Call me a watchdog, detective, or just a nosy neighbor. I can’t stand cheaters, schemers, and those who take advantage of others.
If you value hard work, respect and kindness, we’ll get along just fine. Maybe it’s my Midwestern roots that motivate me, or my passion to spark change, expose problems, and get people talking.
I grew up near Toledo, Ohio, where most of my family still lives, but have lived in the Bay Area for a few years. Admittedly, it took time to understand the politics, culture and lifestyle. Personally, I’ve grown as a person, and as a journalist. It’s exciting to do the job I love, in a place I love exploring.
I’ve found Bay Area people lead interesting and exciting lives. I like to think I do too. If you’ve met me, you know I like to talk and am unafraid to ask questions. Truthfully, I want to make a difference.
The best part of being an investigative reporter is getting to learn something new, nearly every day. I’m constantly seeking the truth, being relentlessly persistent, and reporting the facts. I call it real journalism.
My friends would tell you I’m very competitive. I’ve earned five regional Emmy awards and numerous other Society of Professional Journalists’ awards for investigative, enterprise, and consumer reporting.
Before KTVU FOX 2, I was an investigative journalist at WSYX ABC6/WTTE FOX 28 in Columbus, Ohio. Proud is how I’d describe the investigative work that has brought about sweeping changes and helped change laws, or improve lives.
Prior to 2013, I was a jack-of-all-trades reporting, shooting video, producing, editing and anchoring at WSAZ NewsChannel 3 in Charleston, West Virginia.
I’m a proud honors graduate from the E.W. Scripps School of Journalism at Ohio University, where I first got my start at WOUB-TV in Athens, Ohio.
In 2008, I earned a prestigious fellowship with the Brian Ross Investigative Unit at ABC News, which inspired me to become an investigative journalist.
I can trace back my interest in television news, productions and journalism to my high school, St. John’s Jesuit. That’s also where I was introduced to the sport of rowing. So if I’m not at work, I’m usually on or near the water, out and about with my little dog, Rufus, or sipping on a glass of California wine, and enjoying the fantastic food and arts scenes.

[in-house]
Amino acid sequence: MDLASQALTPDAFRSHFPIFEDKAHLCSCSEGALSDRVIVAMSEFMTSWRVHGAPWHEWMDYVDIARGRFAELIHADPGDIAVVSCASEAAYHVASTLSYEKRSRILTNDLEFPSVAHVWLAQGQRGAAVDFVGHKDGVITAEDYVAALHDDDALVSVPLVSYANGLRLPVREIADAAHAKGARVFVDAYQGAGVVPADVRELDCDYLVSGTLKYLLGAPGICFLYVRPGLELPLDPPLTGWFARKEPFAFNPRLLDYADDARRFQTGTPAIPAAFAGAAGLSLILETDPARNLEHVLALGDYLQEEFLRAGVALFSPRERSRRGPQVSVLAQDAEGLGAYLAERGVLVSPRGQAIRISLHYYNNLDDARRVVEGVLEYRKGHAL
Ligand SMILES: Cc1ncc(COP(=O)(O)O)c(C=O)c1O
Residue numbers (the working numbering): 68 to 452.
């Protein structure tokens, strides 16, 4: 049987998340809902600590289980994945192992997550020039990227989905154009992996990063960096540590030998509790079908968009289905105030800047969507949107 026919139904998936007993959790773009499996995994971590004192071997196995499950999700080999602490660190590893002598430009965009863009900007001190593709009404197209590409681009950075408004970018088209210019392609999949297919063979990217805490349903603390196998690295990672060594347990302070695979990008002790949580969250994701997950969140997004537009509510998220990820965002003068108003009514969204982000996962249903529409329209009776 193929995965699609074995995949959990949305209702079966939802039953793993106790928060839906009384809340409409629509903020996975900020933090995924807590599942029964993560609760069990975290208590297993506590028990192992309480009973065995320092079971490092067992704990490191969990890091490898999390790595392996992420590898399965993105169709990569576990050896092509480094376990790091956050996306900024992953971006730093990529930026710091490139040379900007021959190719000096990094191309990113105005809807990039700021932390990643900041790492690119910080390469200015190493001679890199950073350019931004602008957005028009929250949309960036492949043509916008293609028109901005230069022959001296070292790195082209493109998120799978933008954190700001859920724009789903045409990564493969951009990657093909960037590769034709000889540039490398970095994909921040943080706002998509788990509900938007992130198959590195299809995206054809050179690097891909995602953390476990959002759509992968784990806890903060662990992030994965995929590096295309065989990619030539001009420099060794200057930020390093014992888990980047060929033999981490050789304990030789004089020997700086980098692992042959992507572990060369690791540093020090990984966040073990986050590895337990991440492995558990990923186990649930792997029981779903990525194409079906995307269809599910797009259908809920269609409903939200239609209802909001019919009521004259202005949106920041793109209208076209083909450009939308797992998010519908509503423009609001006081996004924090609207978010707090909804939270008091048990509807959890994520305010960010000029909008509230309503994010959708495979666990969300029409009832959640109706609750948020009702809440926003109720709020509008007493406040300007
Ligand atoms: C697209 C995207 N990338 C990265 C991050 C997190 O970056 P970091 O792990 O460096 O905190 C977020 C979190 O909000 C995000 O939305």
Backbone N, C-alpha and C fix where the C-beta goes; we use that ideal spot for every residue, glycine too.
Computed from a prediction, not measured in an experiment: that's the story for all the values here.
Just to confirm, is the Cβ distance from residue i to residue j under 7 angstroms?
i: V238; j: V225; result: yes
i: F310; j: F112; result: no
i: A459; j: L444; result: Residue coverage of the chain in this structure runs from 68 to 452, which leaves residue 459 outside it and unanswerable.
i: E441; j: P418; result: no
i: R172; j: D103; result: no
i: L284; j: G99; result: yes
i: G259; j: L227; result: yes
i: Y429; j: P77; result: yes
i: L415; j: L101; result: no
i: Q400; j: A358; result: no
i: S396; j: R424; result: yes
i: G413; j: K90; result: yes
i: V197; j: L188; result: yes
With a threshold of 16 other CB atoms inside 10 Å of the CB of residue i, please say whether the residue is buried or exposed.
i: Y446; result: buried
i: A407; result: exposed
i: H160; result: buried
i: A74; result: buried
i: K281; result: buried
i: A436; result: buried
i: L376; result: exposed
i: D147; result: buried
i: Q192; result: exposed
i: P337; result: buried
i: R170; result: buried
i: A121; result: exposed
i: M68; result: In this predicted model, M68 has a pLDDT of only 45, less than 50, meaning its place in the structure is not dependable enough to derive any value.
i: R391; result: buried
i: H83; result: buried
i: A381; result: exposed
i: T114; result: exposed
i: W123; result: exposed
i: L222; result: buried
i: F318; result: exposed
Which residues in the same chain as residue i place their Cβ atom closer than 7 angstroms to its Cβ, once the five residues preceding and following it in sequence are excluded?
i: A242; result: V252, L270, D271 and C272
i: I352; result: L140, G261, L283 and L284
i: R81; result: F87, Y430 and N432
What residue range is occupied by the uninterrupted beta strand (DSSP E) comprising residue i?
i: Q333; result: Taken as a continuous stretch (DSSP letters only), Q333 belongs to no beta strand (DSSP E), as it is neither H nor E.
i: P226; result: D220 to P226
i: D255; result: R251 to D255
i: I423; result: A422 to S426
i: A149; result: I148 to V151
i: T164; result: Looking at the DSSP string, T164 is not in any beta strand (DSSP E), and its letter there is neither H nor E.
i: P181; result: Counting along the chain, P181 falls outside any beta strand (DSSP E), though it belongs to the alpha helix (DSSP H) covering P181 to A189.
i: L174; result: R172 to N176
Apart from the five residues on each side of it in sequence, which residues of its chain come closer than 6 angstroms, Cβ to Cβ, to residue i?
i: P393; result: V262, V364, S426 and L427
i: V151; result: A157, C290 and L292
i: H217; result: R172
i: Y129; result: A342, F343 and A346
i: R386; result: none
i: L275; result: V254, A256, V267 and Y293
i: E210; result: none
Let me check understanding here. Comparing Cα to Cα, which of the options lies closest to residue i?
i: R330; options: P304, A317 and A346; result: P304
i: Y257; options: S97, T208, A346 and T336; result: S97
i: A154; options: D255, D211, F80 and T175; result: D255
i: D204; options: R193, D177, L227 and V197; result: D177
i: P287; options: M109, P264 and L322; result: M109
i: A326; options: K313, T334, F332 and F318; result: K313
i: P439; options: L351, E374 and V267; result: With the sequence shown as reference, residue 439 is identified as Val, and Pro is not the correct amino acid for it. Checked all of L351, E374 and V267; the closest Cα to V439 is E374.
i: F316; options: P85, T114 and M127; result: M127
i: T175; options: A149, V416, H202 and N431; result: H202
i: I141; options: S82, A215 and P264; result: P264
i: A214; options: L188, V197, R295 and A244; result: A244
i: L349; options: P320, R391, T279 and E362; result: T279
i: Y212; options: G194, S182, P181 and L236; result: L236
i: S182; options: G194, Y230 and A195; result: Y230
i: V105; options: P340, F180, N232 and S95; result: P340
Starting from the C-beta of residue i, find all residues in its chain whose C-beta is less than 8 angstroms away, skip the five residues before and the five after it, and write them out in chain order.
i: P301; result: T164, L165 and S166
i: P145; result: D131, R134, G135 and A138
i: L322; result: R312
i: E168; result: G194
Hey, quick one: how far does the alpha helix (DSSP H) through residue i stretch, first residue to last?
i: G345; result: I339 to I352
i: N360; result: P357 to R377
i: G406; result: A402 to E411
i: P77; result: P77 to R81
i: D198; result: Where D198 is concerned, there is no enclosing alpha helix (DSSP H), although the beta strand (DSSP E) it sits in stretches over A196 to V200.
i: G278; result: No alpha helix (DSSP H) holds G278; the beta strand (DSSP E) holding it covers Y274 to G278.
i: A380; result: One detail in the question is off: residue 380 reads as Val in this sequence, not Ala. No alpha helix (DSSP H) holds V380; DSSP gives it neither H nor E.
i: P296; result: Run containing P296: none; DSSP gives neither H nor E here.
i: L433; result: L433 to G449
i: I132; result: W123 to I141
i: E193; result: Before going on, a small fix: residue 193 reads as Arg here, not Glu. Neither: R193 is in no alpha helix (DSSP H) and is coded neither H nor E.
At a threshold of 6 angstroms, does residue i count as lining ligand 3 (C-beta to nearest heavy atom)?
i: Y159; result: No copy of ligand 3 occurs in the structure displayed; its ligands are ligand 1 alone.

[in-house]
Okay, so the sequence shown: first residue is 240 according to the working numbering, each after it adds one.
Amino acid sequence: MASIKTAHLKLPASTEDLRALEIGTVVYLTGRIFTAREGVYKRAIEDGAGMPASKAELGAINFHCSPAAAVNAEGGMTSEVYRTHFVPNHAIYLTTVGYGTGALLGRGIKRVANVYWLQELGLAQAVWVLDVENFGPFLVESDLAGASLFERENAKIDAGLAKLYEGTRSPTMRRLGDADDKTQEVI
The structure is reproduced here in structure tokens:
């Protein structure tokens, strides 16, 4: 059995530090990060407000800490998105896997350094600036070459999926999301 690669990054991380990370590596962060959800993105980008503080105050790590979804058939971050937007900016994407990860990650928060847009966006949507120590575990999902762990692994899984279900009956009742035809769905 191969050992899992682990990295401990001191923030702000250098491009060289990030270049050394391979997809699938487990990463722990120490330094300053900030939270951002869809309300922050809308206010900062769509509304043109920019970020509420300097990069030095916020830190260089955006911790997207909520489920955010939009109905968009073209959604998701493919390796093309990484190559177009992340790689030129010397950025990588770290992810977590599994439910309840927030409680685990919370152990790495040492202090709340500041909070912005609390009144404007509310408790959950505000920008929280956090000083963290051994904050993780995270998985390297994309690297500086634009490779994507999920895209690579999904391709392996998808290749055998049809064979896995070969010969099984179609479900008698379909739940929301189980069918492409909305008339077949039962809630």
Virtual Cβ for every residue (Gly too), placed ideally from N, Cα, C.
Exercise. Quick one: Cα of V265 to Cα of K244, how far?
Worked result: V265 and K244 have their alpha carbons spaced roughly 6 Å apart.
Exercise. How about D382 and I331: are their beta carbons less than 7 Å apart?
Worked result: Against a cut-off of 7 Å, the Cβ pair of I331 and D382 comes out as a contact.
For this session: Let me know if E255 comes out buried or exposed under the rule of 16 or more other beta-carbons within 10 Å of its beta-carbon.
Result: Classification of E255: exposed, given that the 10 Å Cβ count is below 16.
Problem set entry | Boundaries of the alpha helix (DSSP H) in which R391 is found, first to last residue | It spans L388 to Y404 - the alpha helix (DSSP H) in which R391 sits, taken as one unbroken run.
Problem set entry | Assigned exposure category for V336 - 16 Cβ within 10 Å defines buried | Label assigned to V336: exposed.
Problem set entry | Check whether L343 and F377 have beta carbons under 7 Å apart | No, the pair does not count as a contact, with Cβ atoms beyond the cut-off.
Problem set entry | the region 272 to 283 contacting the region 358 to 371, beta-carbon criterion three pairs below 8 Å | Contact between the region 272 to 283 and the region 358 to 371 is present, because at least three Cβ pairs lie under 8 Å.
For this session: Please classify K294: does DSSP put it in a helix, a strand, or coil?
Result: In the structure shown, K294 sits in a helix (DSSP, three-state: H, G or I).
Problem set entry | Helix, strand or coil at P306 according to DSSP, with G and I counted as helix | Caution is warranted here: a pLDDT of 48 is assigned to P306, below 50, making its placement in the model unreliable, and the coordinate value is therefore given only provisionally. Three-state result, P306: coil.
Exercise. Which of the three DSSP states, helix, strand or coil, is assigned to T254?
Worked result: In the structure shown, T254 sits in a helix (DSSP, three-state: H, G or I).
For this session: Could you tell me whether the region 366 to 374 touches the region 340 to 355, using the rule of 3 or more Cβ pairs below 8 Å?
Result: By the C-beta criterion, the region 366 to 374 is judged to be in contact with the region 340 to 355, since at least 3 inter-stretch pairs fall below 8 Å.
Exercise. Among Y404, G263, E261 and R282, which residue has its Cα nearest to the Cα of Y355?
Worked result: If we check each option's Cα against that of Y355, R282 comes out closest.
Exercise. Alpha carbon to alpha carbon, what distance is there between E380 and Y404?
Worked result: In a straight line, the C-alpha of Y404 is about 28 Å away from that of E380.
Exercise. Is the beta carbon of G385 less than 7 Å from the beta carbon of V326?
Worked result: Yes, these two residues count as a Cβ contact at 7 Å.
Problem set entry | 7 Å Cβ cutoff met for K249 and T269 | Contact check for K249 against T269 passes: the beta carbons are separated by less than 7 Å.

If you have suggestions on where to eat, what to do, or more importantly an investigative tip for 2 Investigates, drop me a line at Brooks.Jarosz@FOXTV.com.
Unemployment letters, checks and debit cards from California's Employment Development Department have arrived in a New Yorker's mailbox, pointing to potential fraud at the EDD.
California has distributed $77 billion in unemployment benefits and 12 million claims have been filed since March, which is more than any other state, indicating potential identity theft and fraud surrounding the state's Employment Development Dept.
Inmate firefighters feel they've been forgotten by the California Department of Corrections and forced to keep battling wildfires as prisoners convicted of similar or more serious crimes are let out of prison early amid the coronavirus pandemic.
Dev/Mission, a San Francisco-based nonprofit is helping get computers to families in need amid a pandemic to help bridge the digital divide by asking for tech companies from Silicon Valley to step up.
The coronavirus has infected more than 2,200 prisoners and 270 staff members at San Quentin State Prison. So far, 25 inmates and one corrections officer have died from the virus.
Three quarters of all confirmed cases of COVID-19 are among the Latino and Hispanic community in Marin County.
The planned changes follow a grand jury's findings that police dispatchers are overworked and the center is short-staffed and underfunded. KTVU highlighted these issues in a special report this week.
On two different occasions offers by a group of scientists at UC Berkeley for free rapid COVID-19 testing at San Quentin were denied by California prison officials.
The Oakland Police Department failed to properly handle the 200,000 emergency calls it received in 2019, leaving thousands on hold. Interim Police Chief Susan Manheimer admitted the department fell short.
Every year, thousands of emergency calls in Oakland go unanswered for far longer than a state standard allows, leaving potential victims of violent crimes on hold. A recent grand jury investigation found negligent oversight explaining the city can’t competently handle the 200,000 emergency calls it gets every year.